The genetic code is called a universal code because all known organisms use the same four nucleotide bases; organism differ according to the arrangement of the nucleotide bases. The four nucleotide bases are adenosine, thymidine, cytidine and guanosine. Three bases form an amino acid, also known as a codon.Continue Reading
The codons form the basis of the genetic code. Amino acids are necessary to form the DNA, mRNA and tRNA that are required for the creation of new genetic material.
Scientists have learned that an extremely small amount of microbes use a different genetic code. Otherwise, fungi, plants, animals, bacteria and viruses all use the same codons for protein synthesis.Learn more about Molecular Biology & DNA
A codon is a sequence of three nitrogenous bases that code for a single amino acid. Each codon is made up of three of the four bases: adenine, thiamine, guanine and cytosine. These are typically identified by their initials, A, T, G and C. In RNA, uracil replaces thiamine.Full Answer >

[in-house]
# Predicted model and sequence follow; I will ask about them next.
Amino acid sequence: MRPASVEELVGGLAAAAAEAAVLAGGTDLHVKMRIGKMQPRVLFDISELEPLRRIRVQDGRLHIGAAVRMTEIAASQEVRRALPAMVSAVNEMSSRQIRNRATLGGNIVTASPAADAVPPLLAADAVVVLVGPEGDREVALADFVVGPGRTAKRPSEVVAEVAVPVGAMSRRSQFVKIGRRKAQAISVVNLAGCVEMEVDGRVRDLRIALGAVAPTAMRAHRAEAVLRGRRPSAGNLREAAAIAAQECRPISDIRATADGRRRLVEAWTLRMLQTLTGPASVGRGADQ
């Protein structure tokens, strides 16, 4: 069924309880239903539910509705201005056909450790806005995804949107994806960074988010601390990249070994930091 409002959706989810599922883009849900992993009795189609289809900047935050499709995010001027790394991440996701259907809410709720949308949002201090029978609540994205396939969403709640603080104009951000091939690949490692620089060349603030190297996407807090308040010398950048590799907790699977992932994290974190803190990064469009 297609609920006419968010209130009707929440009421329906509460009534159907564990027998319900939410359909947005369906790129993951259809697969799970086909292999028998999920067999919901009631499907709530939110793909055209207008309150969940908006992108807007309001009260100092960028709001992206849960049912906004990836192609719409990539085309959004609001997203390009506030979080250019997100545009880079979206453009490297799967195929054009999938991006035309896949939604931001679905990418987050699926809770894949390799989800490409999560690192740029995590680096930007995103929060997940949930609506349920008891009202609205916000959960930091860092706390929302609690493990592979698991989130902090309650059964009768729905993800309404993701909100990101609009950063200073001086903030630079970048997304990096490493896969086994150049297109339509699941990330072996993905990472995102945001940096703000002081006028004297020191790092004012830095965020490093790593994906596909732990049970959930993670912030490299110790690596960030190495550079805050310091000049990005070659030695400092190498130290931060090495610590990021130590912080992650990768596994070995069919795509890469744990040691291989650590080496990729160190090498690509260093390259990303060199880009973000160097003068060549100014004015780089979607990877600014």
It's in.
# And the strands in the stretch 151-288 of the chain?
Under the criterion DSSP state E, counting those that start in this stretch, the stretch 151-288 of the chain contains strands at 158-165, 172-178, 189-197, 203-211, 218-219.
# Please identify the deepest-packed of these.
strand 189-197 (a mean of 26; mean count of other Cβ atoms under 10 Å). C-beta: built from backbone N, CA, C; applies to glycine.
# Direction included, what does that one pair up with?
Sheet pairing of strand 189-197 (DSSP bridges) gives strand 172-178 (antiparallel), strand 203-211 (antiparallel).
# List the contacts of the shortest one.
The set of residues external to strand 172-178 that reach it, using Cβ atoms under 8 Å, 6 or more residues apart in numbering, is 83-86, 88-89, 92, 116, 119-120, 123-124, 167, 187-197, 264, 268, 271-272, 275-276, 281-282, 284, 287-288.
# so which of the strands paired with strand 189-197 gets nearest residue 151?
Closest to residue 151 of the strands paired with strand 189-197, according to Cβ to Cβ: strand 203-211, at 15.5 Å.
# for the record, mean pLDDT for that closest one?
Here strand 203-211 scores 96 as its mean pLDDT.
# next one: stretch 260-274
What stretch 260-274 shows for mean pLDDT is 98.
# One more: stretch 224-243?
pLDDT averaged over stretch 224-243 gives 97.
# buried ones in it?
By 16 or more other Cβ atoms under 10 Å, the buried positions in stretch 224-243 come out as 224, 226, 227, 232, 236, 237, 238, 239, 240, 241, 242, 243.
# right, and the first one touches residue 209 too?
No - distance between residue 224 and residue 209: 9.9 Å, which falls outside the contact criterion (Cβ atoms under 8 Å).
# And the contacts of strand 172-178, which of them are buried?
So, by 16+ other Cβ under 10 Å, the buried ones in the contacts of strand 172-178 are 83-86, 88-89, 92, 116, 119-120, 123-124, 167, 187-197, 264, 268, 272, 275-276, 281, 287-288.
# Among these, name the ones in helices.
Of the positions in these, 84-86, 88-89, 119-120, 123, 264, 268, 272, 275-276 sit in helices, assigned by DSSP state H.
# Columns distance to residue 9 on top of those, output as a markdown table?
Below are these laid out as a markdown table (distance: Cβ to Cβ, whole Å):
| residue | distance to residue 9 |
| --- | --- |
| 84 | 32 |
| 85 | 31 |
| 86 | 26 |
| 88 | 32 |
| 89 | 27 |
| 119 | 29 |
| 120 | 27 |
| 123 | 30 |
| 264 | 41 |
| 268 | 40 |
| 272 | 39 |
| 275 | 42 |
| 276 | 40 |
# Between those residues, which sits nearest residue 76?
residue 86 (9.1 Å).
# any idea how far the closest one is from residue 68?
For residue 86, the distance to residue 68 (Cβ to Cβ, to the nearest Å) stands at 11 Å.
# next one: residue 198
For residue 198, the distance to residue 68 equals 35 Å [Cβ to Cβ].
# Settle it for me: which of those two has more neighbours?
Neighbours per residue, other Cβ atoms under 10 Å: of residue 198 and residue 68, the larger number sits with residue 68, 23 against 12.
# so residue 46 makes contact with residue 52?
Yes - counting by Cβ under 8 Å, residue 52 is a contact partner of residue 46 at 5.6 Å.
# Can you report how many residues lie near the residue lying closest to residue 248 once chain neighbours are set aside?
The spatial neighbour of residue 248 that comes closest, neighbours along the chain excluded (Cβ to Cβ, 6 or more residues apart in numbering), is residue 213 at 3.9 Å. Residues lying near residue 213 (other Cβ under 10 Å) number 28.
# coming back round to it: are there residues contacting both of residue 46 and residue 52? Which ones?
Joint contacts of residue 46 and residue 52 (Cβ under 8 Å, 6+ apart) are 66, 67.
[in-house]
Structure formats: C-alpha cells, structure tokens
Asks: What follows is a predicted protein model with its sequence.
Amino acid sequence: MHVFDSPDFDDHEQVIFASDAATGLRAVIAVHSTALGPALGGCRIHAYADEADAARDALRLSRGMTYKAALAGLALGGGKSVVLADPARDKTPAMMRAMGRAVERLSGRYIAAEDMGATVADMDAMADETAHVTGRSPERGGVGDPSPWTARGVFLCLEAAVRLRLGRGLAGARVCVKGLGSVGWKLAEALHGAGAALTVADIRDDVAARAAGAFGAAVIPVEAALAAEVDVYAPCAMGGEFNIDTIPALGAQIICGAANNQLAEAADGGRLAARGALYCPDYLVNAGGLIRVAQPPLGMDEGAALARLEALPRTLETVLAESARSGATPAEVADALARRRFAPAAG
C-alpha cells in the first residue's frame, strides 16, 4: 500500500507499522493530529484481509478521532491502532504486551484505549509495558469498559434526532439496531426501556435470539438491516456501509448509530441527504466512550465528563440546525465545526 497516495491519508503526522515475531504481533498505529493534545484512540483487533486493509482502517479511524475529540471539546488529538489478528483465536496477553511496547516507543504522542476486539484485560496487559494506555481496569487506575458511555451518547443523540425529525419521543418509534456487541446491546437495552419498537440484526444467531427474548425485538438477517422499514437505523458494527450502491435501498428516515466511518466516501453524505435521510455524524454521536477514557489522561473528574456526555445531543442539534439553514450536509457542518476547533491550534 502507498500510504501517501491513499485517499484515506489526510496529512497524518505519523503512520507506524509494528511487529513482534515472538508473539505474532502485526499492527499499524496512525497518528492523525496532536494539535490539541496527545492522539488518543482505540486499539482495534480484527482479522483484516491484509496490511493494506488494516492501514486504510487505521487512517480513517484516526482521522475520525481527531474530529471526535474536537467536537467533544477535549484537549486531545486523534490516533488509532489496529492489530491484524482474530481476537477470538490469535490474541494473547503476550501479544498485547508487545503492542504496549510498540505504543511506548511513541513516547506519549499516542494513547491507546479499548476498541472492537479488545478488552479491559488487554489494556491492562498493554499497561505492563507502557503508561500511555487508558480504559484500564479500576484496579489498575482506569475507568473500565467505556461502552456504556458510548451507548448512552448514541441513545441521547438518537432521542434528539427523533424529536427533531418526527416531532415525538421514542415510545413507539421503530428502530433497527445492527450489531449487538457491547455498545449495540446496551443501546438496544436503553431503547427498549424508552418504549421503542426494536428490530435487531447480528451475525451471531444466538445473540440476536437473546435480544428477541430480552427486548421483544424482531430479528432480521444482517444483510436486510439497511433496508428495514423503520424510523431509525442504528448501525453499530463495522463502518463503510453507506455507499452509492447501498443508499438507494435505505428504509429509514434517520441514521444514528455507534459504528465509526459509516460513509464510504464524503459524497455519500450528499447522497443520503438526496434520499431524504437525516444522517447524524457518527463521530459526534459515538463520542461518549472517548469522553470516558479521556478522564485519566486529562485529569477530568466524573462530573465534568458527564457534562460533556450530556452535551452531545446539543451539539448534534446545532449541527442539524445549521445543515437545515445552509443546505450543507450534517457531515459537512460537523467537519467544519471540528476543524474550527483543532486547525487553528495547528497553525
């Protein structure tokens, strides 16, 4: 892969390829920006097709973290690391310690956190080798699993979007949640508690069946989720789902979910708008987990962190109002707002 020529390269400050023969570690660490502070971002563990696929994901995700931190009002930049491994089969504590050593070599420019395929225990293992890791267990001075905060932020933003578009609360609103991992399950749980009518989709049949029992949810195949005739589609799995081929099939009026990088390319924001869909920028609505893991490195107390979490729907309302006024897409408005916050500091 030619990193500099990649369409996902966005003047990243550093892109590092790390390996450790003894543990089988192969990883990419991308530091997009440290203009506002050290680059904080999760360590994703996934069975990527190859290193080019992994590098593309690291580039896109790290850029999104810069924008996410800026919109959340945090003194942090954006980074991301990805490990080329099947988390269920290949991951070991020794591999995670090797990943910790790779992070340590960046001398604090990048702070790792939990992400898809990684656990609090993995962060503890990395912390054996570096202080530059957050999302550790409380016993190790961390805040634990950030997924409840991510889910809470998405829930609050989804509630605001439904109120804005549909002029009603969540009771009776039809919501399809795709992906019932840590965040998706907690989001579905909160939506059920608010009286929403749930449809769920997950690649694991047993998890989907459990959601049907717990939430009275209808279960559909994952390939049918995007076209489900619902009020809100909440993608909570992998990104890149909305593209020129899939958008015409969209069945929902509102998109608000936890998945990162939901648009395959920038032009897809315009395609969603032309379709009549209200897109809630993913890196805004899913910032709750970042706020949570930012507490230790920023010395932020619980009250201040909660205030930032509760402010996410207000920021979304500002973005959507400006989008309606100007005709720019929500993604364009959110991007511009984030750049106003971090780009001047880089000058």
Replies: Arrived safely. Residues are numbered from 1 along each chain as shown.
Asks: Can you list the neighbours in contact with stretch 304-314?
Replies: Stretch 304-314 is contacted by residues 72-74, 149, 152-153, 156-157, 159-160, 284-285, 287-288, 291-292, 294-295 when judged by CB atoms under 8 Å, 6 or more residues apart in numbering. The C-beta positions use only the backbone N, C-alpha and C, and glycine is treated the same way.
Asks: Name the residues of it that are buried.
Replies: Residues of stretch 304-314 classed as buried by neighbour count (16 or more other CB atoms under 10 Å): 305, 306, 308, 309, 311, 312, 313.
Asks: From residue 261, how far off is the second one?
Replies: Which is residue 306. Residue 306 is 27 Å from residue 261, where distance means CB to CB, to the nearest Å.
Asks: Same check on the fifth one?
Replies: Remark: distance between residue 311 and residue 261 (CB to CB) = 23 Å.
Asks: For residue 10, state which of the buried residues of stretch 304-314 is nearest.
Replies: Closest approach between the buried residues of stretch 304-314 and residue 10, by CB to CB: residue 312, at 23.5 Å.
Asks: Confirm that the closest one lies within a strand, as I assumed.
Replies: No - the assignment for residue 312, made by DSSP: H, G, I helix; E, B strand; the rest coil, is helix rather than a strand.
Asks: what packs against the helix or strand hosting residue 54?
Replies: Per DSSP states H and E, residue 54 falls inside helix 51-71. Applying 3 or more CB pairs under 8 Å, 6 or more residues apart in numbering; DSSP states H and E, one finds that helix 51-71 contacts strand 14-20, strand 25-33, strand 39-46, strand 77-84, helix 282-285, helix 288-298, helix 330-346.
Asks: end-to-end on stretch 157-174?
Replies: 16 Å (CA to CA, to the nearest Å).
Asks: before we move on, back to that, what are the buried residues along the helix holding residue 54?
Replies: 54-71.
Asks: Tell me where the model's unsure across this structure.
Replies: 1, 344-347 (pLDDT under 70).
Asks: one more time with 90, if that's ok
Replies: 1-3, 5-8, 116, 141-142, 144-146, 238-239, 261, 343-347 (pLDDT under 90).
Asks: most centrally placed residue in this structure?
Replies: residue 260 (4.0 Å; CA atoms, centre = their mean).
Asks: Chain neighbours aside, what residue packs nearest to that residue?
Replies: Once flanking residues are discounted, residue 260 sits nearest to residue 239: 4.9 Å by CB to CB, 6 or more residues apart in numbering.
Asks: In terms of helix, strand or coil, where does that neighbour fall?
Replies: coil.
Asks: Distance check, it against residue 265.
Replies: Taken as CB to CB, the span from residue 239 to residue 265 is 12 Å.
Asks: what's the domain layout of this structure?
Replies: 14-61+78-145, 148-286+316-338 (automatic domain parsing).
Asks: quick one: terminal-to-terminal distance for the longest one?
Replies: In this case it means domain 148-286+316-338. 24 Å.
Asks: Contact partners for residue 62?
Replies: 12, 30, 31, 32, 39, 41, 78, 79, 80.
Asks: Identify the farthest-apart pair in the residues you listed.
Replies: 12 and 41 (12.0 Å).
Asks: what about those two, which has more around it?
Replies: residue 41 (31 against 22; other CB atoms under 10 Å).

Complementary base pairing refers to the structural pairing of nucleotide bases in deoxyribonucleic acid, which is commonly known as DNA. DNA is made up of four nucleotide bases, each of which pairs with only one of the other bases.Full Answer >
The unique genetic code that a baby inherits from both parents contains protein which enables melanin to be produced in his or her hair. The amount of melanin determines whether the child has light or dark hair and the color usually remains within the color range of its parents' hair.Full Answer >
Codons are three-letter codes that make up the genetic code. Both RNA and DNA have triplets known as codons. Each codon codes one of 20 amino acids that the body uses to synthesize amino acids.Full Answer >